Methamphetamine abuse, long a problem in rural West Coast communities, is moving east at epidemic proportions, says a survey released by the National Association of Counties and reported by McClatchy-Tribune News Service. The survey said the addictive stimulant is pushing crime rates higher and stretching county law enforcement thin. And as new regulations have made pseudoephedrine, a key ingredient for making methamphetamine, more difficult to obtain, officers are seeing an influx of out-of-state and out-of-country drugs, said Sheriff John Whetsel of Oklahoma County, Ok.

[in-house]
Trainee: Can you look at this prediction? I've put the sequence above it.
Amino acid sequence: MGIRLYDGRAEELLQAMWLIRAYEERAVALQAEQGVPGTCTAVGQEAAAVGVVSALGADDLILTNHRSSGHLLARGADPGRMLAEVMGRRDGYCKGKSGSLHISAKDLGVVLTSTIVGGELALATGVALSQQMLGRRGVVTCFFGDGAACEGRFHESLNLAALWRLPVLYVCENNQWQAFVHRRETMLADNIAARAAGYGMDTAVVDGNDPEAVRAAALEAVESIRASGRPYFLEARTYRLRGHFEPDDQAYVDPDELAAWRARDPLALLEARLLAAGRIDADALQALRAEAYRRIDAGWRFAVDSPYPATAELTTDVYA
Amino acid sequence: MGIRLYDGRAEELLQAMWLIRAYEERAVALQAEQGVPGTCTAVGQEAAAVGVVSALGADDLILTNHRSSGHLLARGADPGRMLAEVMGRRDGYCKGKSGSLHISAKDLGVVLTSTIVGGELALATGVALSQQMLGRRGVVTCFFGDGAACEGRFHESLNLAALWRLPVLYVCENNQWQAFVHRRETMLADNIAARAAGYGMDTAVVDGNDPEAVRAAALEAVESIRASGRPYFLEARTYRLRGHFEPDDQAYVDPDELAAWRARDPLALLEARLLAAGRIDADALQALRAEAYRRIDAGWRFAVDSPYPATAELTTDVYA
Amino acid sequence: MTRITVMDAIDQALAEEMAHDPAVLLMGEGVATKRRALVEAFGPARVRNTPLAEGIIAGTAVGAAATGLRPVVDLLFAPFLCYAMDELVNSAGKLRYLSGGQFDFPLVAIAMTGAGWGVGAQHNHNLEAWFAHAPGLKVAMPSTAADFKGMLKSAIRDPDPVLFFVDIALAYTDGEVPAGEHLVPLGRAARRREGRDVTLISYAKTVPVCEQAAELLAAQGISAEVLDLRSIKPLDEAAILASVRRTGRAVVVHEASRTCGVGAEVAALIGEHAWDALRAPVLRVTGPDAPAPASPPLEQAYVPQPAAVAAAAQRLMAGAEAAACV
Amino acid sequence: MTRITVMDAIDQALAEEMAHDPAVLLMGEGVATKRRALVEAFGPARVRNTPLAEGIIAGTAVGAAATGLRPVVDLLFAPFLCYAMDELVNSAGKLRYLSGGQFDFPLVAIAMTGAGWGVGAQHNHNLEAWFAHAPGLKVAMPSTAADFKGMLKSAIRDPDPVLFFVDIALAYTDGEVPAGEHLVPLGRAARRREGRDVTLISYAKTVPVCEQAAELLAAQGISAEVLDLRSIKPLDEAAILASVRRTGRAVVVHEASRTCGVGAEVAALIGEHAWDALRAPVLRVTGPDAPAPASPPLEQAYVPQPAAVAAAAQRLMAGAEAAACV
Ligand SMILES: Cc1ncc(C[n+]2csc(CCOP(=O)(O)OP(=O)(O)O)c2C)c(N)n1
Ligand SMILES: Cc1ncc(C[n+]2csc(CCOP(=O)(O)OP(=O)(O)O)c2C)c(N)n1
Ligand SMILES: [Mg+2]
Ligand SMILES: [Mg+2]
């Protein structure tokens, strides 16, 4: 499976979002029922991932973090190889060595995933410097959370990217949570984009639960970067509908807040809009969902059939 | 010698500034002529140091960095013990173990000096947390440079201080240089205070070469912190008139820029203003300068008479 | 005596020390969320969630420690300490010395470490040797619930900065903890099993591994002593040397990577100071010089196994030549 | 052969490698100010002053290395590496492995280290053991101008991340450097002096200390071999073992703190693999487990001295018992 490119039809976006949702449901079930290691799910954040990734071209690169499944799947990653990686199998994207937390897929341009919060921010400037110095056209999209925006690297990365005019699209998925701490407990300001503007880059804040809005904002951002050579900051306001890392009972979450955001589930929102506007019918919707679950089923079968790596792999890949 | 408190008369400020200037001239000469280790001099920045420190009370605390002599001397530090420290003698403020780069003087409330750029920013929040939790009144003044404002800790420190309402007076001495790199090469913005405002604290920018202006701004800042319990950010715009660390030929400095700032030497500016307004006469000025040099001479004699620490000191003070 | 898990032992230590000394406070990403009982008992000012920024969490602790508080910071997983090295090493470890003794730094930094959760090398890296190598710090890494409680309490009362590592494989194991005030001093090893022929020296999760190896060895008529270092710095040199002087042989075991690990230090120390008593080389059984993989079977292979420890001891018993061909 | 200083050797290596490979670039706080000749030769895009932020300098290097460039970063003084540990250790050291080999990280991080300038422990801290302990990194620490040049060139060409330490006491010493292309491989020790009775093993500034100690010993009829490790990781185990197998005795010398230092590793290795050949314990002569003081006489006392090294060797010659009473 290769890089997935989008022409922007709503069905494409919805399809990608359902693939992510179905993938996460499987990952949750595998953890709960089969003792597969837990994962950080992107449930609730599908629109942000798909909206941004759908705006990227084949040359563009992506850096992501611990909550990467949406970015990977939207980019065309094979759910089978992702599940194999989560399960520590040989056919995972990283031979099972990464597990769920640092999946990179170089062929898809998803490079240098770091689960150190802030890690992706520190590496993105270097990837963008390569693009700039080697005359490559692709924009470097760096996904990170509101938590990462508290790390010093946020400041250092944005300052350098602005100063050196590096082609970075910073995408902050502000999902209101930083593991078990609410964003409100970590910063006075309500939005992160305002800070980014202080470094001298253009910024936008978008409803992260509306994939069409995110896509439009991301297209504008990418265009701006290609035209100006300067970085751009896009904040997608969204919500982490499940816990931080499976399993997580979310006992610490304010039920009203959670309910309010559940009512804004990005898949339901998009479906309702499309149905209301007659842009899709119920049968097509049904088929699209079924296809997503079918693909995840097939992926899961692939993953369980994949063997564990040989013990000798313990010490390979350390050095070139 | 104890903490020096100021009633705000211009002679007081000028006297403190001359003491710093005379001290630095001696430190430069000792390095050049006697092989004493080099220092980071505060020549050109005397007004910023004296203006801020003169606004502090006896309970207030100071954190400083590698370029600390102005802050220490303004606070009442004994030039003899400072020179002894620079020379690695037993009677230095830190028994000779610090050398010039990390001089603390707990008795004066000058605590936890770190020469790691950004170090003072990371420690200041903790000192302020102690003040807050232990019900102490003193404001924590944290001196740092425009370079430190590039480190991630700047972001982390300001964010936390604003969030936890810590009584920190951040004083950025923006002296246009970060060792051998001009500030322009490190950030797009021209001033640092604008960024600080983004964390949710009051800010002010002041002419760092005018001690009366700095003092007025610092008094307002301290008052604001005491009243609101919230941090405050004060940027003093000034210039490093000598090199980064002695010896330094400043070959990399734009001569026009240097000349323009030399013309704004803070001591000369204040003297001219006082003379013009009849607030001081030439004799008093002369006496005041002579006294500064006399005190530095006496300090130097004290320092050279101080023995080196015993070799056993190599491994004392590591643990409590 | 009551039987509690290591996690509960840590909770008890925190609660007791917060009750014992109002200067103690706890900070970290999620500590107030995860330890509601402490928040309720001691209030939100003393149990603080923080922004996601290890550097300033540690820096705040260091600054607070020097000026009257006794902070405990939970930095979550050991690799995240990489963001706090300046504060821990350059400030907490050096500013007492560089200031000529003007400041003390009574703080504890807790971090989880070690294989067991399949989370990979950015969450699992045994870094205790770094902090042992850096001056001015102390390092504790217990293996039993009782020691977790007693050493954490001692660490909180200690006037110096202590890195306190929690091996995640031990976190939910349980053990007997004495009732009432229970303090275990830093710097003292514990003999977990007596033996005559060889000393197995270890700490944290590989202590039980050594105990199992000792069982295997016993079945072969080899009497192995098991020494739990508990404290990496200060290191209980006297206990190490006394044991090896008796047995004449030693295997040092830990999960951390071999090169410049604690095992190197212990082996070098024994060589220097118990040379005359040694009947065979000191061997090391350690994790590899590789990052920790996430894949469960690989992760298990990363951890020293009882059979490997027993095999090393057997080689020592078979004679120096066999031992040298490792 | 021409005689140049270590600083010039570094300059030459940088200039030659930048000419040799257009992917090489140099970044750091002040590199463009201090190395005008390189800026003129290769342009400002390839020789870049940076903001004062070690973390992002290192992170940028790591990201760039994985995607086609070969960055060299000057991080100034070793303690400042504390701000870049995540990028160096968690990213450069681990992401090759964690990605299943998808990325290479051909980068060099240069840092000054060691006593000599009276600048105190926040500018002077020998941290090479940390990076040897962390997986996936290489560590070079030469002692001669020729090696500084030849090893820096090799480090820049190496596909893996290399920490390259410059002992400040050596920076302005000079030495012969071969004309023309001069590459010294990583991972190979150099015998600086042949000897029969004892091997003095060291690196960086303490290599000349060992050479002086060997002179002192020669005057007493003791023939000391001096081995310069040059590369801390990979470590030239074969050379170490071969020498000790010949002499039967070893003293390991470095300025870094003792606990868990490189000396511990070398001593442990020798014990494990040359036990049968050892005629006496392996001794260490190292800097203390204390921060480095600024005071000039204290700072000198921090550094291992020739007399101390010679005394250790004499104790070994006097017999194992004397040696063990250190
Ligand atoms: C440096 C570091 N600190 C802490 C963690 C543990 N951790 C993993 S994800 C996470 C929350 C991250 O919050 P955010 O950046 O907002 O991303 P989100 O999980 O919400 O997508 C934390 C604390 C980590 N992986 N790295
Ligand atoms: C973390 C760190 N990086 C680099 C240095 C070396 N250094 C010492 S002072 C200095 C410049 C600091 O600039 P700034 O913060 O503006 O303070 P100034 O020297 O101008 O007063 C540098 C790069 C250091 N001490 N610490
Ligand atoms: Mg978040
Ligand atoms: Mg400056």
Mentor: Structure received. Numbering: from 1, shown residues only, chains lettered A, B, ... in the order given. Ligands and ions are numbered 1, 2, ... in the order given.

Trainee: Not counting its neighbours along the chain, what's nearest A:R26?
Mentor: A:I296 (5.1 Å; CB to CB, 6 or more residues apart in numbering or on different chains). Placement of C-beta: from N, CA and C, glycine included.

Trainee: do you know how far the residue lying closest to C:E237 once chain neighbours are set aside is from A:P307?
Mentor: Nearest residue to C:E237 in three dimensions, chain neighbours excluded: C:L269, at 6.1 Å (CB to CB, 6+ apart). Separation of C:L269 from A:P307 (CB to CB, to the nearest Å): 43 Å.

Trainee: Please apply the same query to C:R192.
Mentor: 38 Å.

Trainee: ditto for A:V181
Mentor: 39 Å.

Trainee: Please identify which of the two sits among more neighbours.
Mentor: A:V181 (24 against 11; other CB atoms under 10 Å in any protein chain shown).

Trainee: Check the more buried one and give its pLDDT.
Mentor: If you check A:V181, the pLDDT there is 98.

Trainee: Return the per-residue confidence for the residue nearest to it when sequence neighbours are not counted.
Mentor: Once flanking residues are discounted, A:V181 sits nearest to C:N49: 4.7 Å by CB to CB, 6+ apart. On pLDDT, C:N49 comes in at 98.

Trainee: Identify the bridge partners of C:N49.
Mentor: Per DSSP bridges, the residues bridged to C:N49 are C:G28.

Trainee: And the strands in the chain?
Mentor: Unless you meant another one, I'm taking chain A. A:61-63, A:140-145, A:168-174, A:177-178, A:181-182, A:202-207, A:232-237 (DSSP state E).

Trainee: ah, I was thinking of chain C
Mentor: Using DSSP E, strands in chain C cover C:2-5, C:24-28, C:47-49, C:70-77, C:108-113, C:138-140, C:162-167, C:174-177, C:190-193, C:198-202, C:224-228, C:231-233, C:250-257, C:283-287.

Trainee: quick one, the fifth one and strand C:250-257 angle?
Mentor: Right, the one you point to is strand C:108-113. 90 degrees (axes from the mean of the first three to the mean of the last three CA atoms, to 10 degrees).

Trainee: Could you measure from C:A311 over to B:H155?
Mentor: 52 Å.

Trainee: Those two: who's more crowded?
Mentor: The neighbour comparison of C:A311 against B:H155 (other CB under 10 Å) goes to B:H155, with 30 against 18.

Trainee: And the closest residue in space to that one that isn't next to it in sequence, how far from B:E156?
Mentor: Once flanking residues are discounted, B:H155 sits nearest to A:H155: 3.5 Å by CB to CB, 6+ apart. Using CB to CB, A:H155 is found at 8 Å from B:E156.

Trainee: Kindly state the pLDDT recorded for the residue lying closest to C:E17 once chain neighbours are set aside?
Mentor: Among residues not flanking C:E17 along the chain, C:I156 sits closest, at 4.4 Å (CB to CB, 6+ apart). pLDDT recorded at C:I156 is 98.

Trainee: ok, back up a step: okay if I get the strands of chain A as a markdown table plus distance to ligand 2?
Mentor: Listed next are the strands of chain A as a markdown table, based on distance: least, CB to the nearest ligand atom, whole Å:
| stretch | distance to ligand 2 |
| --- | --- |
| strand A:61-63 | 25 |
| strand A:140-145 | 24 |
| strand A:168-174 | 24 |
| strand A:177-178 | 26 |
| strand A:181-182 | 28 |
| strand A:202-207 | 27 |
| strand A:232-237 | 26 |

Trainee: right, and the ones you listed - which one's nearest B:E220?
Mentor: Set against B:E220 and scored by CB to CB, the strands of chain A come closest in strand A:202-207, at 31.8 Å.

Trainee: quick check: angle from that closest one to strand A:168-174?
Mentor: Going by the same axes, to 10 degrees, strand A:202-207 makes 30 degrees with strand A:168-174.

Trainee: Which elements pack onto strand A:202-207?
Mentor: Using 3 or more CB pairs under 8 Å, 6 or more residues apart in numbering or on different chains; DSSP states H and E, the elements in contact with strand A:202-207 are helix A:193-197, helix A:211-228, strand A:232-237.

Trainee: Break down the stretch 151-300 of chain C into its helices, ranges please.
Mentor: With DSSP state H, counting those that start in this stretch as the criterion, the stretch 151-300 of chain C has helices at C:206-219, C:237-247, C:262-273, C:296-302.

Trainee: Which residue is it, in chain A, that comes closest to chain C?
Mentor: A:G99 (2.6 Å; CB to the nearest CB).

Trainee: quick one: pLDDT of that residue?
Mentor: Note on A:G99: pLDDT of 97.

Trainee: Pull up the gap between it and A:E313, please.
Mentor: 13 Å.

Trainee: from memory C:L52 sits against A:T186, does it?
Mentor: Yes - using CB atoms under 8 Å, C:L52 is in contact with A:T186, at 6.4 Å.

The telephone survey, titled “The Methamphetamine Epidemic: The Criminal Effect of Meth on Communities,” polled 500 sheriffs from 44 states. Nationwide, 48 percent of survey respondents reported methamphetamine as their No. 1 drug problem. Many of the respondents were from rural areas in the heart of the country – 62 percent were from the Midwest, and 77 percent represented counties with populations of 50,000 or fewer. Forty-eight percent of those polled said domestic violence had gone up because of the drug; 55 percent reported an increase in robbery or burglary; and 41 percent reported an increase in simple assault. While concerns about methamphetamines are mounting, federal funding to combat the drug, Whetsel says, has dwindled. “It makes absolutely no sense to fight a war on drugs and then reduce the funding when you’re in the midst of battle,” he said.